Home > Book of Isaiah, Book of Revelation, Dispensationalism, Promised land > Christ the “ensign for the nations”

Christ the “ensign for the nations”

June 3, 2011

Joseph Addison Alexander (1809-1860) was a Presbyterian minister, a professor at Princeton University, a Hebrew scholar, and the author of a commentary on Isaiah. He wrote, in his introductory comments on Isaiah chapter 11: [1]

Joseph Addison Alexander

Joseph Addison Alexander

This chapter is occupied with promises of restoration and deliverance, external safety and internal peace, to God’s own people, as contrasted with the ruin previously threatened to their enemies. Borrowing his imagery from the fall of the Assyrian forest, just before predicted, the Prophet represents a shoot as springing from the prostrate trunk of Jesse, or rather from his roots, and invested by the Spirit of Jehovah with all the necessary attributes of a righteous judge and ruler, vs. 1-4. The pacific effect of the Messiah’s reign is then described by the beautiful figure of wild and domestic animals dwelling and feeding together, and of children unhurt by the most venomous reptiles; to which is added an express prediction that all mutual injuries shall cease in consequence of the universal prevalence of the knowledge of Jehovah, vs. 5-9. To these figures borrowed from the animal creation, the Prophet now adds others from the history of Israel, but intended to express the same idea. The Messiah is here represented as a signal set up to the nations, gathering the outcasts of his people from all quarters, and uniting them again into one undivided body, free from all sectional and party animosities, vs. 10-13. Under figures of the same kind, the triumph of the church is then represented as a conquest over the old enemies of Israel, especially those nearest to the Holy Land; while the interposition of God’s power to effect this and the preceding promises is vividly described as a division of the Red Sea and Euphrates, and a deliverance from Egypt and Assyria, vs. 14-16. The evidently figurative character of some parts of this chapter seems to furnish a sufficient key to the interpretation of those parts which in themselves would be more doubtful.

Alexander understood the prophecy to be referring to the Messiah, Jesus, and about the Gentiles seeking God, and Jews returning to their homeland. That the Messiah is meant is evident in the first five verses of the chapter:

Isaiah 11:1-5
And there shall come forth a rod out of the stem of Jesse, and a Branch shall grow out of his roots:
And the spirit of the LORD shall rest upon him, the spirit of wisdom and understanding, the spirit of counsel and might, the spirit of knowledge and of the fear of the LORD;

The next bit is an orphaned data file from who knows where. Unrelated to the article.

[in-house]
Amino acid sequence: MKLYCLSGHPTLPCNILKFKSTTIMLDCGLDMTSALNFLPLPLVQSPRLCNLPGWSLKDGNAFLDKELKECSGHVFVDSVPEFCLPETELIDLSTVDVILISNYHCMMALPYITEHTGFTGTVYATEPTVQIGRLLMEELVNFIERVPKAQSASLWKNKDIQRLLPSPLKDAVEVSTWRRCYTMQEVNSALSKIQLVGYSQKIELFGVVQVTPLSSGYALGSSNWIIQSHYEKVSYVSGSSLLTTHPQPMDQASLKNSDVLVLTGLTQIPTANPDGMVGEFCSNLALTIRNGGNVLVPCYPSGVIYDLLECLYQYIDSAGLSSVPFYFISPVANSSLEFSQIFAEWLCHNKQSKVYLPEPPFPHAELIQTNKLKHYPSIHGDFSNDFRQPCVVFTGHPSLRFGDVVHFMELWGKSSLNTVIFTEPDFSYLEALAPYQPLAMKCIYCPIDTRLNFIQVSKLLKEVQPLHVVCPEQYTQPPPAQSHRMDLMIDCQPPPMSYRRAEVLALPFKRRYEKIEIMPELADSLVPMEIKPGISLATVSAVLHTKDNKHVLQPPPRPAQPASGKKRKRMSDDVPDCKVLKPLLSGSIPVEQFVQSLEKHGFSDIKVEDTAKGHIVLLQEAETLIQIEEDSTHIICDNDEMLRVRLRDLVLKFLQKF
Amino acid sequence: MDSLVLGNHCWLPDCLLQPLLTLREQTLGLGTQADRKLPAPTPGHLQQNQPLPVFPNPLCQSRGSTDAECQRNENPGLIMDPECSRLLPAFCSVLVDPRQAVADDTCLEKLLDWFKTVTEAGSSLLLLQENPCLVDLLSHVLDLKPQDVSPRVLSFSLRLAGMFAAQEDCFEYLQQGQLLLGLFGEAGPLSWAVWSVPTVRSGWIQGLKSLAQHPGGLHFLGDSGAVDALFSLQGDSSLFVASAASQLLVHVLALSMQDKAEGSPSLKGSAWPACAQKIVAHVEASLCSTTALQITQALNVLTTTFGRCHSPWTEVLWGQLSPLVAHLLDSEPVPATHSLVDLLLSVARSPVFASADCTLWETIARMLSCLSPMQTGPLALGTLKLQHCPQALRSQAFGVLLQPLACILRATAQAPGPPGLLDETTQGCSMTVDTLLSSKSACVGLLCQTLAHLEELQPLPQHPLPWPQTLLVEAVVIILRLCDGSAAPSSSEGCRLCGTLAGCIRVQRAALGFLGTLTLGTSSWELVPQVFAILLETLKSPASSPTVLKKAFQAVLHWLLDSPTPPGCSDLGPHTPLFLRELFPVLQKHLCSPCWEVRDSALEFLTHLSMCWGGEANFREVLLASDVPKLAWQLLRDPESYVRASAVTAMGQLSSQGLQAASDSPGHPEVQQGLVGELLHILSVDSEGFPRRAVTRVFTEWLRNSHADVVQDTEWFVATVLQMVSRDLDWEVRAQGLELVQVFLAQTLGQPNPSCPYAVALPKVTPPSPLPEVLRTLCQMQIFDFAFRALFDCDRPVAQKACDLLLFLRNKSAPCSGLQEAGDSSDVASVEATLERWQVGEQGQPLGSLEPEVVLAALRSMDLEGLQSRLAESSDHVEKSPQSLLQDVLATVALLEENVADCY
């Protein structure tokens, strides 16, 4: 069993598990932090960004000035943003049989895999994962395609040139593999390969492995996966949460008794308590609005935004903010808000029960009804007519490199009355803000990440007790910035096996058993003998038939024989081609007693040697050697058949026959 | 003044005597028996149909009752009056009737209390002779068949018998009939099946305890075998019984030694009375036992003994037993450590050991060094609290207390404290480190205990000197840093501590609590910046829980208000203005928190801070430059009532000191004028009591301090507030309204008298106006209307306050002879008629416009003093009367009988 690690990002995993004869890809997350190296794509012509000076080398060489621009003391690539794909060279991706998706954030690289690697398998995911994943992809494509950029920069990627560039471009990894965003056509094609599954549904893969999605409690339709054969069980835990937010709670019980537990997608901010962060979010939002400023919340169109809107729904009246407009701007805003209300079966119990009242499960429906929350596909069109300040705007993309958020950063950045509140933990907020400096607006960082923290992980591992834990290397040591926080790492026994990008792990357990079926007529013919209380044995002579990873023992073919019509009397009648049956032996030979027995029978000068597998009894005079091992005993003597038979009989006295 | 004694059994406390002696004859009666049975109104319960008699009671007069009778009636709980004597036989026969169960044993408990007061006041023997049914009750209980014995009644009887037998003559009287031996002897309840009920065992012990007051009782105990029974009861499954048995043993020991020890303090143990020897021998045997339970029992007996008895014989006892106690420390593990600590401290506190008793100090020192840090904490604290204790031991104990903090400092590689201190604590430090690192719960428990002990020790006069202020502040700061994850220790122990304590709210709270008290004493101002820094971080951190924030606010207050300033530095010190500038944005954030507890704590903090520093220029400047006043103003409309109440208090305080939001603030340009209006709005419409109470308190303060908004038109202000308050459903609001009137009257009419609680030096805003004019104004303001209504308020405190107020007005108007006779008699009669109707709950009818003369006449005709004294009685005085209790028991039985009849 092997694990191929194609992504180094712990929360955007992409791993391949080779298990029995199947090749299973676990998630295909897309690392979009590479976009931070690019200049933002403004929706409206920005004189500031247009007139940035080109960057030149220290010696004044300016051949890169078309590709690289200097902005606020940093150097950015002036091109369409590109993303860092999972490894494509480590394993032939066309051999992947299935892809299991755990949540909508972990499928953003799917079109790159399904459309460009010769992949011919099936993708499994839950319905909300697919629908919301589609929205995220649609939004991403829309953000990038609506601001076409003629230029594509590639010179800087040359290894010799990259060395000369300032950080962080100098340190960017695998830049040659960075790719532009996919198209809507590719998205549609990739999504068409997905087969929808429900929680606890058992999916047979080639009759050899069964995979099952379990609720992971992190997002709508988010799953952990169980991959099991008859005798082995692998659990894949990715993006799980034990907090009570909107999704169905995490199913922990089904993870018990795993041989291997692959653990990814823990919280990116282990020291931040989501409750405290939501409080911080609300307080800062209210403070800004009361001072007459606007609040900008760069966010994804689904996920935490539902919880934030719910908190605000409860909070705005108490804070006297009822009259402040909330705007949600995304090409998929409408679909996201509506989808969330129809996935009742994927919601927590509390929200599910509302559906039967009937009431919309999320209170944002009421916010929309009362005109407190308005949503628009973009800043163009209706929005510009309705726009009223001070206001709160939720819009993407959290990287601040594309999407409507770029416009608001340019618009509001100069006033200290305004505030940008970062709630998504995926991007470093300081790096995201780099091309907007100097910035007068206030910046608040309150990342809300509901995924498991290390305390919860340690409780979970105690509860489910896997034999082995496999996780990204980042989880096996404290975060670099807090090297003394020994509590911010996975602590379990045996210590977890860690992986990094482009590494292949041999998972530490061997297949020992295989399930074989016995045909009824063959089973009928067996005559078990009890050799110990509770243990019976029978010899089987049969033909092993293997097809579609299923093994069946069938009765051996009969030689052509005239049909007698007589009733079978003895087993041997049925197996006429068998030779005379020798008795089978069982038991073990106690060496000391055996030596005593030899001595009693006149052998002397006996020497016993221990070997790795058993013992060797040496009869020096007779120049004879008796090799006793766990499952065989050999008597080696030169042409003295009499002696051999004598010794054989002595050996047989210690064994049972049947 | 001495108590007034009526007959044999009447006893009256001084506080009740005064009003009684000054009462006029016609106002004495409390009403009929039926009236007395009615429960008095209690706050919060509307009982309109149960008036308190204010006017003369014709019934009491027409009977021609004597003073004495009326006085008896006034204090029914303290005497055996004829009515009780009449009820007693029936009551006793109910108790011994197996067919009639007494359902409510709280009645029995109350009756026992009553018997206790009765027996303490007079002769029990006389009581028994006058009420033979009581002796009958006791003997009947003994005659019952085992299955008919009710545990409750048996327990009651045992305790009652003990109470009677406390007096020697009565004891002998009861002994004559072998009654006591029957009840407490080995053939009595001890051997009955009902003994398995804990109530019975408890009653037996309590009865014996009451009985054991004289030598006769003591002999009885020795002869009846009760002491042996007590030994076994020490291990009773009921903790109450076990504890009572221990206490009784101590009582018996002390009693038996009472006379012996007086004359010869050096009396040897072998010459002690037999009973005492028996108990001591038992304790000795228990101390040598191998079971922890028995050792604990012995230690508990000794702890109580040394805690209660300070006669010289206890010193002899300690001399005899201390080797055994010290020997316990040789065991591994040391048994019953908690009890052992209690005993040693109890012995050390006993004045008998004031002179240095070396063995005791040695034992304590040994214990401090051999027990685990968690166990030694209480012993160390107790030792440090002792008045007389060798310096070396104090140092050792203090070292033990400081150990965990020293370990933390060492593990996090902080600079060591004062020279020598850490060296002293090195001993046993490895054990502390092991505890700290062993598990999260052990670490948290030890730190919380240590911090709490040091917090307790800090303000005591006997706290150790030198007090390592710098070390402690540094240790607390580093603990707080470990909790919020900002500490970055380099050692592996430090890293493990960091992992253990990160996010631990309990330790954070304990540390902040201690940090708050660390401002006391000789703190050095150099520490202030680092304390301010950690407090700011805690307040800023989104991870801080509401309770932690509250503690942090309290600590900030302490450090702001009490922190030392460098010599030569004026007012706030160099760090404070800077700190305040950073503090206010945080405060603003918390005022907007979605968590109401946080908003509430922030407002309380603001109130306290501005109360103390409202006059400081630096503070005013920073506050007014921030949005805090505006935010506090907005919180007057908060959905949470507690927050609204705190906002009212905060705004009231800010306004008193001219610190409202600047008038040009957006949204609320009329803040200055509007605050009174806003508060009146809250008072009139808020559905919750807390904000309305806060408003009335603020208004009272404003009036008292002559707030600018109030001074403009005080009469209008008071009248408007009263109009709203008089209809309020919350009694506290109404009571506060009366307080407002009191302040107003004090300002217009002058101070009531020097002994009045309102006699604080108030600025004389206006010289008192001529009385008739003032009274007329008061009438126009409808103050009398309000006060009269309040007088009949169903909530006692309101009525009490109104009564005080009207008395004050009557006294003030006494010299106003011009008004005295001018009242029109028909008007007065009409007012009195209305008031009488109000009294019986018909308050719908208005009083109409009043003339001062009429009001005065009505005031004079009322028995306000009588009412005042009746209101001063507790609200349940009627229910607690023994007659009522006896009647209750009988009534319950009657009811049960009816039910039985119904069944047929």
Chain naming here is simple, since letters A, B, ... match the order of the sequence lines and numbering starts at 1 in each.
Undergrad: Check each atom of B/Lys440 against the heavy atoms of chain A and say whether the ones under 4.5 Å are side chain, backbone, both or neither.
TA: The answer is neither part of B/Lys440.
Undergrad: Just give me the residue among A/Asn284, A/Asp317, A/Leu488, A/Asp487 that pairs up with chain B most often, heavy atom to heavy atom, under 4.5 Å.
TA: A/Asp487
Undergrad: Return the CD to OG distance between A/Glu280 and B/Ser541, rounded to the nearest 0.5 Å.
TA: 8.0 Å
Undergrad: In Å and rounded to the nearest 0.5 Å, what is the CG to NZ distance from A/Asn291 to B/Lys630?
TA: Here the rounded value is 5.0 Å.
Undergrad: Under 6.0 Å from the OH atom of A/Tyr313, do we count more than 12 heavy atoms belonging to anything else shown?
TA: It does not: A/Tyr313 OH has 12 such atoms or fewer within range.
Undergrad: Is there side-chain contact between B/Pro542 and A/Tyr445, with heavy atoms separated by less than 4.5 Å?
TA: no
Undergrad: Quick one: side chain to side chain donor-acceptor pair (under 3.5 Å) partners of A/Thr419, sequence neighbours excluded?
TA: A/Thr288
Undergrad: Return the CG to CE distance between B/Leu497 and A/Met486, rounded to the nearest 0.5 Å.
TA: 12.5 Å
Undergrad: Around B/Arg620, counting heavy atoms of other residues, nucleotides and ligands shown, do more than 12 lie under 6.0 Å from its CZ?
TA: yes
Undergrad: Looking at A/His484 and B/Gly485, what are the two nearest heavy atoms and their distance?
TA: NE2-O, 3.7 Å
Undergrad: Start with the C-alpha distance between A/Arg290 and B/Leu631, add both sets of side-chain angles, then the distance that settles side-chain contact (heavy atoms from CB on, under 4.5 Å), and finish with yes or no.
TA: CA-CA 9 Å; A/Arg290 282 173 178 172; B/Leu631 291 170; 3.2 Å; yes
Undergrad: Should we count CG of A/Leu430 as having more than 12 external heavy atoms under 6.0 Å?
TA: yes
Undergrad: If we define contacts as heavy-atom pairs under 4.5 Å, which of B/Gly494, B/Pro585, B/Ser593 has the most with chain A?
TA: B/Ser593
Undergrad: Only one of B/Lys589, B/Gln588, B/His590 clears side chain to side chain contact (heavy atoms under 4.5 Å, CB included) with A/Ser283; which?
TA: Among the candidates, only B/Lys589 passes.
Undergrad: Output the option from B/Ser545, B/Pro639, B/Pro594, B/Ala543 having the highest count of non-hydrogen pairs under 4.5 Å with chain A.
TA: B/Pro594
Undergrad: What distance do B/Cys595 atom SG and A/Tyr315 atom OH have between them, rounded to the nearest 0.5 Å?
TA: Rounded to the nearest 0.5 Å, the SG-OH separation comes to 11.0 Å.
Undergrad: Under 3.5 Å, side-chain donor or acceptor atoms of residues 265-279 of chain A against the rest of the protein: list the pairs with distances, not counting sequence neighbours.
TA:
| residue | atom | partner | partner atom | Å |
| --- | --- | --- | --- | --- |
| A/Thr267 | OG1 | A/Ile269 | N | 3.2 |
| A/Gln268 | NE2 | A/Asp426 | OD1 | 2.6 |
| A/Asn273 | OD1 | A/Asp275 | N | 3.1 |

And shall make him of quick understanding in the fear of the LORD: and he shall not judge after the sight of his eyes, neither reprove after the hearing of his ears:
But with righteousness shall he judge the poor, and reprove with equity for the meek of the earth: and he shall smite the earth: with the rod of his mouth, and with the breath of his lips shall he slay the wicked.
And righteousness shall be the girdle of his loins, and faithfulness the girdle of his reins.

The root of Jesse in Isaiah 11 clearly refers to Christ, a descendant of Jesse, the father of David.

The “rest” of Christ was typified by Israel taking possession of Canaan under Joshua. The literal land belongs among the shadows of the Old Covenant. The reality that those things represent is spiritual, and unseen. Christ promised his disciples that the Spirit will guide them into all truth.

Isaiah’s depiction of animals whose natures are changed, lions that eat straw like an ox, and children playing with deadly snakes, without being harmed, may well be a poetic description of true Christian living, and behavior. It is certainly not meant to be understood literally.

Isaiah 11:9
They shall not hurt nor destroy in all my holy mountain: for the earth shall be full of the knowledge of the LORD, as the waters cover the sea.

In verse 11 the prophet again refers to Christ, who was the offspring and descendant of Jesse, the father of David.

In his article The Jews in End Time Bible Prophecy, dispensationalist David R. Reagan cited Isaiah 11:11-12 as an example of prophecies being fulfilled. Reagan’s idea is that those verses apply to unbelieving Jews. The phenomenon of Jews migrating to Palestine in the modern era, because of the holocaust, and encouraged and often financed by American dispensationalists and Zionists, impresses many people. But it is not the fulfillment of Isaiah’s prophecy, as some think. Reagan wrote: [1]

We are living in exciting times when we can witness Bible prophecy being fulfilled before our very eyes. Many of these prophecies relate to the Jewish people and their nation. Below is a summary of prophecies concerning the Jews that are currently being fulfilled and those that are yet to be fulfilled.

Prophecies Currently Being Fulfilled

1. The Jewish people will be regathered in unbelief from the four corners of the earth (Isaiah 11:11-12). Fulfillment: 20th Century and continuing.

2. The state of Israel will be re-established (Isaiah 66:7-8 & Ezekiel 37:21-22). Fulfillment: May 14, 1948.

Reagan gave other examples of “prophecies currently being fulfilled,” but my discussion will focus on just these two. In his first example, Reagan cited Isaiah 11:11-12. But taken in context, surely those verse apply to the Christian church, rather than to the Jews. Reagan’s interpretation does not withstand scrutiny, because Christ is the “ensign for the nations.”

Isaiah 11:11-12
And in that day there shall be a root of Jesse, which shall stand for an ensign of the people; to it shall the Gentiles seek: and his rest shall be glorious.